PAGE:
What has Australia’s approach been thus far in response to this historic opportunity?
Proactive engagement for renewable energy supply chains? Bilateral and multi-lateral collaboration with our neighbouring economies to drive market development? Advocacy of renewable hydrogen energy exports as a solution to the challenges posed by the Paris targets?
Essentially, the Australian approach so far has been in two, rather dispiriting, parts.
First, there is a deep skepticism about hydrogen, along the lines ‘Not convinced. Hydrogen is expensive; we need more R&D.’ Ongoing R&D, sure. But surely we’ve ample evidence that energy costs are principally driven down by economies of scale? Why would renewable hydrogen be any different? Solve the market constraint, solve the cost constraint.
Second is the rather blithe dismissal of the scale of investment already made by countries like Japan and Korea in the move to clean hydrogen, characterised by comments along the lines ‘If they want it, let them pay to get it’.
Well, that’s one approach. Anyone in business who has ever sought to build demand for a new product in a nascent market, and to position to be the major supplier into that market, might question the logic of that approach, but it is one way to go.
How might the prospective customers view it?
Let’s see the situation from Japan’s perspective. For those not familiar, Japan has invested in a multi-decade, multi-billion dollar program ultimately aimed at converting the Japanese economy (No.3 in the world) to run on renewable energy stored in the form of hydrogen.
As recently as December last year (2017) Japan doubled down on this investment through adoption of an updated ‘Hydrogen Basic Plan’. Alongside government, every major trading company in Japan is involved. Japan’s automotive and power sectors have also invested billions to develop vehicles and devices that use clean hydrogen.
This is a big thing for Japan. With virtually no fossil resources of its own, a tiny, densely populated, seismic land-mass, poor solar and wind resources, and a population firmly opposed to more nuclear, what does Japan do for energy security and carbon reduction now? It’s ‘Rock and a hard place’ territory.
Japan needs industrial scale clean energy for electricity, transport and industry, and clean hydrogen is the way Japan has identified to meet the need.
Having put its money where its mouth is for decades, who could criticise Japan for thinking that its major upstream energy supply partner in the region, the supplier with the resource, standing to benefit most from Japan’s need, might take a proactive role and start working seriously to make it all happen?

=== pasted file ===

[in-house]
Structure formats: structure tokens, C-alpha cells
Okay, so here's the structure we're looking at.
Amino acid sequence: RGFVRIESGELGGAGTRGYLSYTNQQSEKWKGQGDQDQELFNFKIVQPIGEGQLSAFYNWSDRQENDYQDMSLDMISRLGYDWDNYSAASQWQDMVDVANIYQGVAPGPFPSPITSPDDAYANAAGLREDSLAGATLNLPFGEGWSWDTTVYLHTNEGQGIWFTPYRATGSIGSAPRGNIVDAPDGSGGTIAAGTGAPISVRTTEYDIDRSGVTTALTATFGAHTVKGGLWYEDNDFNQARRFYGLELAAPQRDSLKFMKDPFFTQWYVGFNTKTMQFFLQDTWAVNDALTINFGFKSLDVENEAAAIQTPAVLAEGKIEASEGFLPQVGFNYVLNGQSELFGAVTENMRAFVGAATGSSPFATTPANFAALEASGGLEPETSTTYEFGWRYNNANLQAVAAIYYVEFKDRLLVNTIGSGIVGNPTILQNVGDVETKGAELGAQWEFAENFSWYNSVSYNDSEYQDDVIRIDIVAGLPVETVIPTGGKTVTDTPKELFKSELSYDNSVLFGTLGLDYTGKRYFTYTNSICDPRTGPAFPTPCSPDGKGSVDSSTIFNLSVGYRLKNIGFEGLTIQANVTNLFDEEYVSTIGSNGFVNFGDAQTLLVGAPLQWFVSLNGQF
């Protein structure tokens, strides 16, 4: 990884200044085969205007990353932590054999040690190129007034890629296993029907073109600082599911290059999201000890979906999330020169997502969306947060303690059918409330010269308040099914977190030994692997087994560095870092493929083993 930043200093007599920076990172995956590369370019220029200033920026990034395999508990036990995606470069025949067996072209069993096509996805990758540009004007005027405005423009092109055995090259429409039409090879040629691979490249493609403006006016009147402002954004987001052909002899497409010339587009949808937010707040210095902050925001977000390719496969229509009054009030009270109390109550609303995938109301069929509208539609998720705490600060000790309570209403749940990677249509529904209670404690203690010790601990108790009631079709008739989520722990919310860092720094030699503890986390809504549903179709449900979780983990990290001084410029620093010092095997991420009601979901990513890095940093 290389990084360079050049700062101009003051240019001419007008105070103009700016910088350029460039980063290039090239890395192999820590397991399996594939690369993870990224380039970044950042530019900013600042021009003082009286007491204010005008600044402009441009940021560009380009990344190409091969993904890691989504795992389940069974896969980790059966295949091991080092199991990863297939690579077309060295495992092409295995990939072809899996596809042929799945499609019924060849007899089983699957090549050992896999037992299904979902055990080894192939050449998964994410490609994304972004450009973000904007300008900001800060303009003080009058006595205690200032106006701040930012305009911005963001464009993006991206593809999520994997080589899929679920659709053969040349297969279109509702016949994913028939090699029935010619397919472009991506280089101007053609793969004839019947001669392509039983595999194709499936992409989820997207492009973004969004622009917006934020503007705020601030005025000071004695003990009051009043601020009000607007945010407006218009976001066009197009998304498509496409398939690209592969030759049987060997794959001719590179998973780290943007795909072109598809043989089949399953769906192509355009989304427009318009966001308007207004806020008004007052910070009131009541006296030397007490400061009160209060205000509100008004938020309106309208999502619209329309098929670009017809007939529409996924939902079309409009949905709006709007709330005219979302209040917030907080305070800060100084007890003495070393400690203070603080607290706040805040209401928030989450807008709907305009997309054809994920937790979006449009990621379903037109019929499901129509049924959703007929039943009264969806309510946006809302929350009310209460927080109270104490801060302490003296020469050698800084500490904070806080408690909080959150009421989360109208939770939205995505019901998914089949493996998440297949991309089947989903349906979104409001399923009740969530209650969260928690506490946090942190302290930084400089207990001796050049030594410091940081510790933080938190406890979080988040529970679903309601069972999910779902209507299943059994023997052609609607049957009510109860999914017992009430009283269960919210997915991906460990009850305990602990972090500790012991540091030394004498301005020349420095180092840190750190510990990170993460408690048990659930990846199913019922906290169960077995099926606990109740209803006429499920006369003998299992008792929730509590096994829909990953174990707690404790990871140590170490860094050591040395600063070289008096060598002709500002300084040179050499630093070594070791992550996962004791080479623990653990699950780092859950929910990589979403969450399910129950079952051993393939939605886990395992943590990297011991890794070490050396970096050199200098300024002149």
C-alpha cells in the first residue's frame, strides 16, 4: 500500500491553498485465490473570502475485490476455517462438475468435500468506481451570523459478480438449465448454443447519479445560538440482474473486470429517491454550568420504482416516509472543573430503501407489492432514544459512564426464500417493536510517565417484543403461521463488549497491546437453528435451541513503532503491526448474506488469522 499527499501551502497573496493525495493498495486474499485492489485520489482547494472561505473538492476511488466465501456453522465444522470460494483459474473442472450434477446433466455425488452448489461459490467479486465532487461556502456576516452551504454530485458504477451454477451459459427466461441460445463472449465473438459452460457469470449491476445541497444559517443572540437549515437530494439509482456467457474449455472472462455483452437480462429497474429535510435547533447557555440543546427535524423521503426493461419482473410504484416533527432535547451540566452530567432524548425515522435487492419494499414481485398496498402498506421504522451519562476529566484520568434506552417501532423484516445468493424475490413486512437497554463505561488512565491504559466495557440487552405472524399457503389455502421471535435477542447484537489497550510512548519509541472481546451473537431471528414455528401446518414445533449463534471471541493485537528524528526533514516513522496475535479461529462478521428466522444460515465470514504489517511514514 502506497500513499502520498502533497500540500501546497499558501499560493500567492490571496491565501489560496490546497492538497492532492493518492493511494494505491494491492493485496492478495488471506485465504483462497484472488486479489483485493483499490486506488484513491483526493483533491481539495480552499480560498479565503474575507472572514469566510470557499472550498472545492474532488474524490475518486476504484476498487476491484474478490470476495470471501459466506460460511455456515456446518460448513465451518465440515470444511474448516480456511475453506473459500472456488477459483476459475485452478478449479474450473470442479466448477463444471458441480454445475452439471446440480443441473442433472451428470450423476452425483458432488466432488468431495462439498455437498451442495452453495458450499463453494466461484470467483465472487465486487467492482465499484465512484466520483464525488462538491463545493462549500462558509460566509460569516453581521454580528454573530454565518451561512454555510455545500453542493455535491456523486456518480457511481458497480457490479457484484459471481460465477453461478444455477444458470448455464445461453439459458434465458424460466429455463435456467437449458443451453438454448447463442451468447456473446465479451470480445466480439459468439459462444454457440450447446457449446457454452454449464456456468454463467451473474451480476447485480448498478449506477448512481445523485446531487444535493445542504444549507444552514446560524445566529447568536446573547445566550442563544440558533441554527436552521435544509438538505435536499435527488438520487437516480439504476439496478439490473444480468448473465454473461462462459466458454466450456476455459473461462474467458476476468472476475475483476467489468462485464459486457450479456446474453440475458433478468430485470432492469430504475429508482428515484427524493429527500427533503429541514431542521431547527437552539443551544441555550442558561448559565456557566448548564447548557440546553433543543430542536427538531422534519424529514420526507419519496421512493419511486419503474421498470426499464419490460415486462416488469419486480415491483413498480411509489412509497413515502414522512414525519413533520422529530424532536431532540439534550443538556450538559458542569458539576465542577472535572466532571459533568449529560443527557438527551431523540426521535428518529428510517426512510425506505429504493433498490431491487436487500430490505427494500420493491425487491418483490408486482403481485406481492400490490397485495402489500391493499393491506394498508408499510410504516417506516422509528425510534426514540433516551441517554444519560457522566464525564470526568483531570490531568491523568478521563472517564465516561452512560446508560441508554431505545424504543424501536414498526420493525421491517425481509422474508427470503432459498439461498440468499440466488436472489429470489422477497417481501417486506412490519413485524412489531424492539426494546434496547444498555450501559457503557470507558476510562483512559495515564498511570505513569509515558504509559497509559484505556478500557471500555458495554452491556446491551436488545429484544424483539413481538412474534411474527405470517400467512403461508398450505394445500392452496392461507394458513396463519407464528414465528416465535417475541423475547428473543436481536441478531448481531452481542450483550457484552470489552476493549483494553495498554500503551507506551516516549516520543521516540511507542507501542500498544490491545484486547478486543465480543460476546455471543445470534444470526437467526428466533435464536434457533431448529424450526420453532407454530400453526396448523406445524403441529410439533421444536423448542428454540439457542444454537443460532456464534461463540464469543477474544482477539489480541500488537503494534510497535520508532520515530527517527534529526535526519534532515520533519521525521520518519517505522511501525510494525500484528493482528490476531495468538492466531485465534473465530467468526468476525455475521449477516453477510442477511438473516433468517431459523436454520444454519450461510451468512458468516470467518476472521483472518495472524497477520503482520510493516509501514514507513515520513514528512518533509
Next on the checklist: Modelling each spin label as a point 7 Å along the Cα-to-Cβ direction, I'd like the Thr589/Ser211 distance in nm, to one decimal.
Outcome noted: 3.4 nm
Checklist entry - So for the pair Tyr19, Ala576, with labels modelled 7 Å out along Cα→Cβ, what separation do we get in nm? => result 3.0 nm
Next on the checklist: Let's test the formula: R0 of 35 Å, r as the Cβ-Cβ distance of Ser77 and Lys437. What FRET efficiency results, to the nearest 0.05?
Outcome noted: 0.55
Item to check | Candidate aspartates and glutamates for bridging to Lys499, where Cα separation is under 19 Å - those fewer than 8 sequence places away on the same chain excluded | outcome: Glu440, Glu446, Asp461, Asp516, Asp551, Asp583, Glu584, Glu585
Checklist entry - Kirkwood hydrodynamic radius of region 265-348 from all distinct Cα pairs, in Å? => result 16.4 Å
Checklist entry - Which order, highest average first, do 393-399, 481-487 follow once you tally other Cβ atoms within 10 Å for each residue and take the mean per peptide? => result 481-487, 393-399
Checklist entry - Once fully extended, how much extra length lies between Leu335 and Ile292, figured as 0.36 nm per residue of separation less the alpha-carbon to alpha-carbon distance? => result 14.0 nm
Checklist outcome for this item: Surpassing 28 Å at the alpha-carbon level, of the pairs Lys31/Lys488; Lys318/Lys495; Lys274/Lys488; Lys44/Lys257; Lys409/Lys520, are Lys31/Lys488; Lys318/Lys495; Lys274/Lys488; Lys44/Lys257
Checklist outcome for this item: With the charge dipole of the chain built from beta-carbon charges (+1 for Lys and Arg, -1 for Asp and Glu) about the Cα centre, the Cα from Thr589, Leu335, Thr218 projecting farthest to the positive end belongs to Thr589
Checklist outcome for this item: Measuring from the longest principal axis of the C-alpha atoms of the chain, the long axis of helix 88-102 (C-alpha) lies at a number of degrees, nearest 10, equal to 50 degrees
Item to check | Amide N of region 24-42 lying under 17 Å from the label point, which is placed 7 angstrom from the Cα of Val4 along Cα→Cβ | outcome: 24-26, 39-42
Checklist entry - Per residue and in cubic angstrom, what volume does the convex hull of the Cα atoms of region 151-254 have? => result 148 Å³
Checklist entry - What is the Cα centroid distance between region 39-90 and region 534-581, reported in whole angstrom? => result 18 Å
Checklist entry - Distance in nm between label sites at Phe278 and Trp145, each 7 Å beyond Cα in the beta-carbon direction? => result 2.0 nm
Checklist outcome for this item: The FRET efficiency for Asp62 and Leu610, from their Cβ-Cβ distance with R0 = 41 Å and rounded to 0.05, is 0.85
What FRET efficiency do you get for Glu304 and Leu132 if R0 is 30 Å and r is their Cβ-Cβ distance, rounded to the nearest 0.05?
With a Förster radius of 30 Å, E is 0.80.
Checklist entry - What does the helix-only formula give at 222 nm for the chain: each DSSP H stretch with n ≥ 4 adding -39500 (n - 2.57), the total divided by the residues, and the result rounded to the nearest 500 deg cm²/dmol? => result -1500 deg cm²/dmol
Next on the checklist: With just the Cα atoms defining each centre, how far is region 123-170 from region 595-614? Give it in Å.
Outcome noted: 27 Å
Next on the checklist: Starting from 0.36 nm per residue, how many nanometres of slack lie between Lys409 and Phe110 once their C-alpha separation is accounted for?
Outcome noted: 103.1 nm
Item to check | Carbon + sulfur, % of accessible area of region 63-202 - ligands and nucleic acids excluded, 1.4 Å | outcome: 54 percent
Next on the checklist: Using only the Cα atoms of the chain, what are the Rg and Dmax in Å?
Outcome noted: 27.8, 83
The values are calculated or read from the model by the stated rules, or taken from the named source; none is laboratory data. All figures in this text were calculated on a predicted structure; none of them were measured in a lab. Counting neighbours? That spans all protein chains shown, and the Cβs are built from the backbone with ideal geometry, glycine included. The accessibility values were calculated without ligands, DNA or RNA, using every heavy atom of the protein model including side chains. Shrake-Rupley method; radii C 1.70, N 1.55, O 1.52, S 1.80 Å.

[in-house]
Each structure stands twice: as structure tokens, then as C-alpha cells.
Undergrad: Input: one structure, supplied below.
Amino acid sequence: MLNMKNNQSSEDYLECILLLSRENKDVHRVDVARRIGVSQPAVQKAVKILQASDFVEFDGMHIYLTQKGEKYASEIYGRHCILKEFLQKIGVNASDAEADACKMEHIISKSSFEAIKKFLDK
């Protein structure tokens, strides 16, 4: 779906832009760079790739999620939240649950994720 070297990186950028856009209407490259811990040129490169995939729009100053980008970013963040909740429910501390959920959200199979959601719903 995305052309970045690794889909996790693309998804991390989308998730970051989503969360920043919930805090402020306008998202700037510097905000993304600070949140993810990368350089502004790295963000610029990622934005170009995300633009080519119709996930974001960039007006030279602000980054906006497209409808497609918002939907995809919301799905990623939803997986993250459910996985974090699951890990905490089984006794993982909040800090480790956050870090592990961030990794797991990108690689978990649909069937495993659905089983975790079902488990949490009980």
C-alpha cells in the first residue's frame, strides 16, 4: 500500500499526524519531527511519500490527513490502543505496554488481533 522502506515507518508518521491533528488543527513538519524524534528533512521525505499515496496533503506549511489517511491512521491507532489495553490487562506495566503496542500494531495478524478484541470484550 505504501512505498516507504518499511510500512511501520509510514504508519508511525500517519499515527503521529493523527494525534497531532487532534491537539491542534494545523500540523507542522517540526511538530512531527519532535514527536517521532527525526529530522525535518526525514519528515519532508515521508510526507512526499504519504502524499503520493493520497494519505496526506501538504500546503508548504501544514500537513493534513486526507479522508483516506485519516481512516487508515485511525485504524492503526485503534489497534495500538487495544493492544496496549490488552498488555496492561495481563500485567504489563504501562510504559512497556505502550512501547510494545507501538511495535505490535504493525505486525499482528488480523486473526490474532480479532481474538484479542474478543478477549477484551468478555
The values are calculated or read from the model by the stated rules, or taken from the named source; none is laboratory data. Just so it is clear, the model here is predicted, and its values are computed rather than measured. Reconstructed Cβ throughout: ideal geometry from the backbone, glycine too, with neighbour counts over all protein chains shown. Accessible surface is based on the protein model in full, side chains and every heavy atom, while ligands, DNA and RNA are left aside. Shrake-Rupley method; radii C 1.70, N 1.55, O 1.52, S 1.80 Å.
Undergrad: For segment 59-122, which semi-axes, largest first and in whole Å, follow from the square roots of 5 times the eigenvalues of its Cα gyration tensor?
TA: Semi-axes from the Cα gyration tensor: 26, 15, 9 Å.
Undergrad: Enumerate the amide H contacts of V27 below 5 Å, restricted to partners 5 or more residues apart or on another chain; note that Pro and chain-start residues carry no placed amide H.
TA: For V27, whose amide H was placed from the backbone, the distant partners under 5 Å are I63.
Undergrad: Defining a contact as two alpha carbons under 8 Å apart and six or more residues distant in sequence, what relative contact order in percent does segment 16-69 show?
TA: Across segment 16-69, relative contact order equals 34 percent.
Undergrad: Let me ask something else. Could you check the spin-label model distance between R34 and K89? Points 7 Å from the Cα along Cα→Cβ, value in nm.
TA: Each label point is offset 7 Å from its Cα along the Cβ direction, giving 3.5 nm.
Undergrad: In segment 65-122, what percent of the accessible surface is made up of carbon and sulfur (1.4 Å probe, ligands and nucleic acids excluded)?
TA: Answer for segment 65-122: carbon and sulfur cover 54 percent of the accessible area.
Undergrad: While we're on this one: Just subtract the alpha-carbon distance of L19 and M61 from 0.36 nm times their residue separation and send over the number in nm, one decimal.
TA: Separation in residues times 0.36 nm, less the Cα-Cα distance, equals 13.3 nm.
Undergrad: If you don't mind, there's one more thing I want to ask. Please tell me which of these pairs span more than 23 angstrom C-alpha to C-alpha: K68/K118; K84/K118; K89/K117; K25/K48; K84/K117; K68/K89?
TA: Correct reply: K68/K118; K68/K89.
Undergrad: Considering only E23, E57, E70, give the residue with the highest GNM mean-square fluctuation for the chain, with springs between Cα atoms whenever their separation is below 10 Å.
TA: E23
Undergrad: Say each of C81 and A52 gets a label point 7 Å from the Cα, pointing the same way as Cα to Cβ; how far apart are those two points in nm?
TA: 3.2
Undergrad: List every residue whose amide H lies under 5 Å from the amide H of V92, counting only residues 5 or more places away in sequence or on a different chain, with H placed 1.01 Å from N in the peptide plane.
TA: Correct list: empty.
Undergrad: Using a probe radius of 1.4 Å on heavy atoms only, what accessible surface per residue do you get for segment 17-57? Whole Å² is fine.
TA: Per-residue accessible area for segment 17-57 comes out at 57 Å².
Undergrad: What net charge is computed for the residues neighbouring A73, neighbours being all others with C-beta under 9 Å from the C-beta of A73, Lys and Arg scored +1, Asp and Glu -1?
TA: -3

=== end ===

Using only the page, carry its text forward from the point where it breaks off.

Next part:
So too Korea.
Billions invested to become arguably the global leader in hydrogen fuel cell electric transport, with plans to convert the entire transit bus system to clean hydrogen, and now looking to Korea’s energy ‘partner’ Australia to help solve the puzzle of where the carbon-free hydrogen fuel will come from.
The response from Australia? Ho-hum.
Proactivity, so far, hasn’t been Australia’s long suit in relation to clean hydrogen supply chains.
As an energy ‘partner’, Australia talks a good game, but if you’re looking for proactivity to implement a really significant change, other ‘partners’ like the UAE and Saudi currently look like better bets.
Across established Asian economies, energy, transport and industrial production systems are being disrupted. In developing Asian economies, the systems needed to underpin growth and development are being designed now.
Monumental change is afoot. The foundations for Asia’s 21st century energy systems are being laid. The central theme is ‘no more carbon’.
Australia sits in the box seat, awash with renewable energy resources for which there is no prospect of a domestic market. As the industry participants at the MI3 Hydrogen Roundtable all agreed, the technologies to commence clean hydrogen export and use are available now.
What are we waiting for precisely? If this is not an economic opportunity to grab with both hands, what is?
Perhaps Mission Innovation 3 will come to be reflected upon as a moment when Australia's disinterest and equivocation were cast off, and proactive engagement with our Asian neighbours to create renewable hydrogen energy export supply chains began.